Tag : Lauretta

California opens pathway for cars that lack steering wheel

by Justin Pritchard, The Associated Press Posted Oct 1, 2016 3:43 am MDT Last Updated Oct 1, 2016 at 9:20 am MDT AddThis Sharing ButtonsShare to TwitterTwitterShare to FacebookFacebookShare to RedditRedditShare to 電子郵件Email California opens pathway for cars that lack steering wheel California regulators have changed course and opened a pathway for the public to get self-driving cars of the future that lack a steering wheel or pedals.It’s not going to happen immediately — automakers and tech companies are still testing prototypes.But, in a shift, the state’s Department of Motor Vehicles said in a revision of draft regulations released late Friday that the most advanced self-driving cars would no longer be required to have a licensed driver if federal officials deem them safe enough.The redrafted regulations will be the subject of a public hearing Oct. 19 in Sacramento.The DMV has been wrestling for several years with how to oversee the emerging technology.In December, the agency released an initial draft of self-driving car regulations that required a licensed driver in any self-driving vehicle. The industry reacted with great disappointment, as the ultimate vision of many companies is a car that has no wheel or pedals. That approach is based on the argument that humans are not very good at driving, and anyway cannot be relied on as a backup to a car that typically drives itself but might fail in a way that required a person in the driver’s seat who might be distracted or even asleep to snap to attention.The DMV’s new document coincides with the release last week of a 112-page federal proposal under which any self-driving car should pass a 15-point safety assessment before the public can get ahold of it. Among other things, the safety assessment asks automakers to document how the car detects and avoids objects and pedestrians, how hardened it is against cyberattacks and what how its backup systems will cope should the software fail. In incorporating the federal approach, California dropped a proposal that a third-party company certify the safety of self-driving cars.The new draft regulations released Friday include several other new provisions. Among them is wording that would prohibit advertising vehicles with lower levels of automation — such as Tesla Motors’ Autopilot, which on divided highways can keep a car’s lane, brake and accelerate on the understanding that a person is paying attention all the time — from being advertised as “autonomous” or “self-driving.”The company that stands to gain the most from the state’s embrace of cars without a wheel or pedals is Alphabet, where the Google self-driving car project envisions cars that allow no human control other than a start and emergency stop button. A spokesman for the Google self-driving car project did not have a comment Friday on the changes to the proposed regulations.___Contact Justin Pritchard at https://twitter.com/lalanewsman read more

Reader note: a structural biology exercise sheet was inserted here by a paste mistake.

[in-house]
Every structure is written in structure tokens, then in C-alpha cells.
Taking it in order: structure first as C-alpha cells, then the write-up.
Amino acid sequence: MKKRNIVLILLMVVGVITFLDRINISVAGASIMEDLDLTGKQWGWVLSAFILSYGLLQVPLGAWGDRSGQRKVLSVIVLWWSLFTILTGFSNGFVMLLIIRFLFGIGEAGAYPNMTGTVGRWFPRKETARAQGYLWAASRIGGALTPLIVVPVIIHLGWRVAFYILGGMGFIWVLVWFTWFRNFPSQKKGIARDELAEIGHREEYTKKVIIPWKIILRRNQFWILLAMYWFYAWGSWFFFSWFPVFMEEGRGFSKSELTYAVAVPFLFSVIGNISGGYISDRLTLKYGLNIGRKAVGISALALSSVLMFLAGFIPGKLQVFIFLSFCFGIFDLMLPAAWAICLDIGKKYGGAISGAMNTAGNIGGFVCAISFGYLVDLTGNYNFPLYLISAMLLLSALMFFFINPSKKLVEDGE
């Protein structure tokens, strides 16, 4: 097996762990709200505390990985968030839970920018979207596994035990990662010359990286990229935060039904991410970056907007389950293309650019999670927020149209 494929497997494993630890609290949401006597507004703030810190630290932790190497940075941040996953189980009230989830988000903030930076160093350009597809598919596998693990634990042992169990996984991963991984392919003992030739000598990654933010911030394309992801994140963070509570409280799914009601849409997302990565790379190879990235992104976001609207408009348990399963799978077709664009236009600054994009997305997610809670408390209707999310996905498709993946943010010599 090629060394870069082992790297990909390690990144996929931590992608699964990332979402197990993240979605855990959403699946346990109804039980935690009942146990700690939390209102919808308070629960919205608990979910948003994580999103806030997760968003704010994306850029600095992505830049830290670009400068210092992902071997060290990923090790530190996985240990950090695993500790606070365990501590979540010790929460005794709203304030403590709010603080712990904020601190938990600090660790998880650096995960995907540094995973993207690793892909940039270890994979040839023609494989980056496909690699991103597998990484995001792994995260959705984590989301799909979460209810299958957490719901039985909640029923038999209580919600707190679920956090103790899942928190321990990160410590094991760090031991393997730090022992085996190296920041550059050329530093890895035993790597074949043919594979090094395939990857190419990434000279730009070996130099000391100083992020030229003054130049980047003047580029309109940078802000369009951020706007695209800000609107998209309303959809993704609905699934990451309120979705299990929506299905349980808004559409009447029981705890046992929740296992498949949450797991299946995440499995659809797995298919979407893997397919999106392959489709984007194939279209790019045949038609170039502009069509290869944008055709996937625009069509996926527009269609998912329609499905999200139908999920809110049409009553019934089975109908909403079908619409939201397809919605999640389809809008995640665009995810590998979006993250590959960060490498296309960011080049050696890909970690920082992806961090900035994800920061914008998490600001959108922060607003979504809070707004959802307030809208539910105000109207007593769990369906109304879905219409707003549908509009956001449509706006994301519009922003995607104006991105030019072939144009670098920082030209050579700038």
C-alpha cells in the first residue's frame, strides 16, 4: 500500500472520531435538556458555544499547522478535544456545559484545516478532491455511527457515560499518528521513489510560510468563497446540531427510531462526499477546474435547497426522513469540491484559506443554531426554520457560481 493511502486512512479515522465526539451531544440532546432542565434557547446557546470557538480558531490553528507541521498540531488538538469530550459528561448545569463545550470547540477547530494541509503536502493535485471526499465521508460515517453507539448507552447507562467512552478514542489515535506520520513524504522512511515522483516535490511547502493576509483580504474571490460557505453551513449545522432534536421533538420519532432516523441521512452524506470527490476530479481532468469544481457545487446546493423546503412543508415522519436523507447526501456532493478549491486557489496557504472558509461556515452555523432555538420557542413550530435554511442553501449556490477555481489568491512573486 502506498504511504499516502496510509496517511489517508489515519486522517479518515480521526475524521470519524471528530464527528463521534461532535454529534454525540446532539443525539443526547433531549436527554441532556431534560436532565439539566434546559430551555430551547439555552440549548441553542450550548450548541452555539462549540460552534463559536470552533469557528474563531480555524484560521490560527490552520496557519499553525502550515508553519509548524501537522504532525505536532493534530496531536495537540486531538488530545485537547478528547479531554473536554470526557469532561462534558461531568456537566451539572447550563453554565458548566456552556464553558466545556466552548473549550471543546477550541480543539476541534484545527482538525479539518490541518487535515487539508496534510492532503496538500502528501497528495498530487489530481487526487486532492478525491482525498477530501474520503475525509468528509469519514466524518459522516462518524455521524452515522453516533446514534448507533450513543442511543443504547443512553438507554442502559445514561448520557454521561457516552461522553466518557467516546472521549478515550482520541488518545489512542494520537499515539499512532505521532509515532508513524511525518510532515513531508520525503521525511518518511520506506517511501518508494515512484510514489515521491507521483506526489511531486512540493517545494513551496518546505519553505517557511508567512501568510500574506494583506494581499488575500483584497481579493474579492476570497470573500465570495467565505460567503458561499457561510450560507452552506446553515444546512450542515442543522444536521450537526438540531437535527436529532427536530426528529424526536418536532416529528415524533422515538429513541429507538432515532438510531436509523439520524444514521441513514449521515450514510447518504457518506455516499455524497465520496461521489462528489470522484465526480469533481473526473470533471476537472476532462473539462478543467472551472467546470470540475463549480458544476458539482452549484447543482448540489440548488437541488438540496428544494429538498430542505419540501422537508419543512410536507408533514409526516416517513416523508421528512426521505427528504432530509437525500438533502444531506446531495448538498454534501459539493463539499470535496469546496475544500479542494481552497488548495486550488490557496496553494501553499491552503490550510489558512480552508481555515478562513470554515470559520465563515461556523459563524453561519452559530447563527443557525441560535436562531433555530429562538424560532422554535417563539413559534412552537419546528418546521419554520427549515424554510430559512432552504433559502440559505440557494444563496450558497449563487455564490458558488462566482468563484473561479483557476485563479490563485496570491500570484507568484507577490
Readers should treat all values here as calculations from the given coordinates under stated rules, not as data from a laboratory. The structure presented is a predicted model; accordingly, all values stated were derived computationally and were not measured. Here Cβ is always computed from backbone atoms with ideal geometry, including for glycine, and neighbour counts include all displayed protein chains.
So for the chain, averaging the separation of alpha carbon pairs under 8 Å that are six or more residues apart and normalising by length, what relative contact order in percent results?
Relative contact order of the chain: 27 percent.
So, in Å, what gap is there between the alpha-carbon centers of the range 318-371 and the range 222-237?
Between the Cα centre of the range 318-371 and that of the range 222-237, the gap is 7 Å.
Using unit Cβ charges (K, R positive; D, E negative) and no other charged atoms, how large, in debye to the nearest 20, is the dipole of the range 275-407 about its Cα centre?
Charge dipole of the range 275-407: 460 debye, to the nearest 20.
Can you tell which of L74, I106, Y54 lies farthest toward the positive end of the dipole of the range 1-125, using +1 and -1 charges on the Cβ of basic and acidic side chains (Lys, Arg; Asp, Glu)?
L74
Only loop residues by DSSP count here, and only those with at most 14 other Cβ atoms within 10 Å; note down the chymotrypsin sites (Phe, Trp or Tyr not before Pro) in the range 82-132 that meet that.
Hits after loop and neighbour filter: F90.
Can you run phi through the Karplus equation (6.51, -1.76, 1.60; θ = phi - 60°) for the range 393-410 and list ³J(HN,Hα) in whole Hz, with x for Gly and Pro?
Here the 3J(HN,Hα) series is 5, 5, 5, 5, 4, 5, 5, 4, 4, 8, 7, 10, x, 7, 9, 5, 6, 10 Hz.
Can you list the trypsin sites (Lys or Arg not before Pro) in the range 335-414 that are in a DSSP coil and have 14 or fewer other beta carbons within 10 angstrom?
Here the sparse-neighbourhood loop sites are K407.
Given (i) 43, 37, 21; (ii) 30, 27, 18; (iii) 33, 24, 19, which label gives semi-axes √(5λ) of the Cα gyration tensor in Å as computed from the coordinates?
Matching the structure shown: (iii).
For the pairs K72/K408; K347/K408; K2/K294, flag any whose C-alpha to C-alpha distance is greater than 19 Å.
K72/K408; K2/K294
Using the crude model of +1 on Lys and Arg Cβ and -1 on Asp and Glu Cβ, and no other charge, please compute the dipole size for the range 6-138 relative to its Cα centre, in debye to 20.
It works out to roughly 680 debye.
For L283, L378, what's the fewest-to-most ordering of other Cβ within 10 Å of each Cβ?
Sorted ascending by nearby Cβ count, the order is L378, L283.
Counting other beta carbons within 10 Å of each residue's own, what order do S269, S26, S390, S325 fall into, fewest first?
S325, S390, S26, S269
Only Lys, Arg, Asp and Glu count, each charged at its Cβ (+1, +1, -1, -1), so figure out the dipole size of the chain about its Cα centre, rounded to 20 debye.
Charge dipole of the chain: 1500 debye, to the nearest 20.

Check the outlook with SMMT

In addition, the first report of 2009 highlights the scrappage incentive schemes currently in place across Europe together with an economic overview. SMMT has consistently called for a similar scheme to be implemented in the UK and a co-ordinated and sustainable European approach to boost consumer confidence and kick-start the market. In the current economic situation, with falling vehicle registrations and the challenges posed by a lack of available credit, forward planning is vital. The Society of Motor Manufacturers and Traders (SMMT) has revised its ‘European Car and Commercial Vehicle Production Outlook’ report to reflect the rapidly changing European vehicle manufacturing sector. The series of reports is available free of charge to SMMT members, from the dedicated member services area of the SMMT website, and at a cost of £4,000 to non-members. For more information on joining the Society, the leading trade association for the industry, please visit www.smmt.co.uk. Notes:At €20 bn, the automotive sector is Europe’s largest investor in R&D, driving industry forward and helping deliver more sustainable motoring for the 21st century. Technological innovation has helped car and CV manufacturers slash CO2 and air quality emissions from vehicles. New diesel cars for example emit 95% less soot from the tailpipe than those made 15 years ago and average new car CO2 has been cut by 16% since 1997. The energy needed to produce each vehicle is down 12%, water use is down 9% and waste to landfill is down 25%, compared to 2006 performance.  CO2 emissions per vehicle produced have fallen 14% in the last year and by 45% since 1999. Almost 10,000 tonnes of waste have been prevented from entering landfill sites. For more details, download SMMT’s ninth annual Sustainability Report from the SMMT website www.smmt.co.uk/category/reports/.Click to share on Facebook (Opens in new window)Click to share on Twitter (Opens in new window) There will be a series of nine reports throughout the year which will give insight into announcements made by vehicle manufacturers on production plans and new model launches. It also provides market intelligence on future models which have yet to be officially confirmed and insight from discussions with leading industry representatives throughout the European supply chain. Economic data and trends, along with data on the production capacity and investment activity at vehicle assembly plants will also be included. read more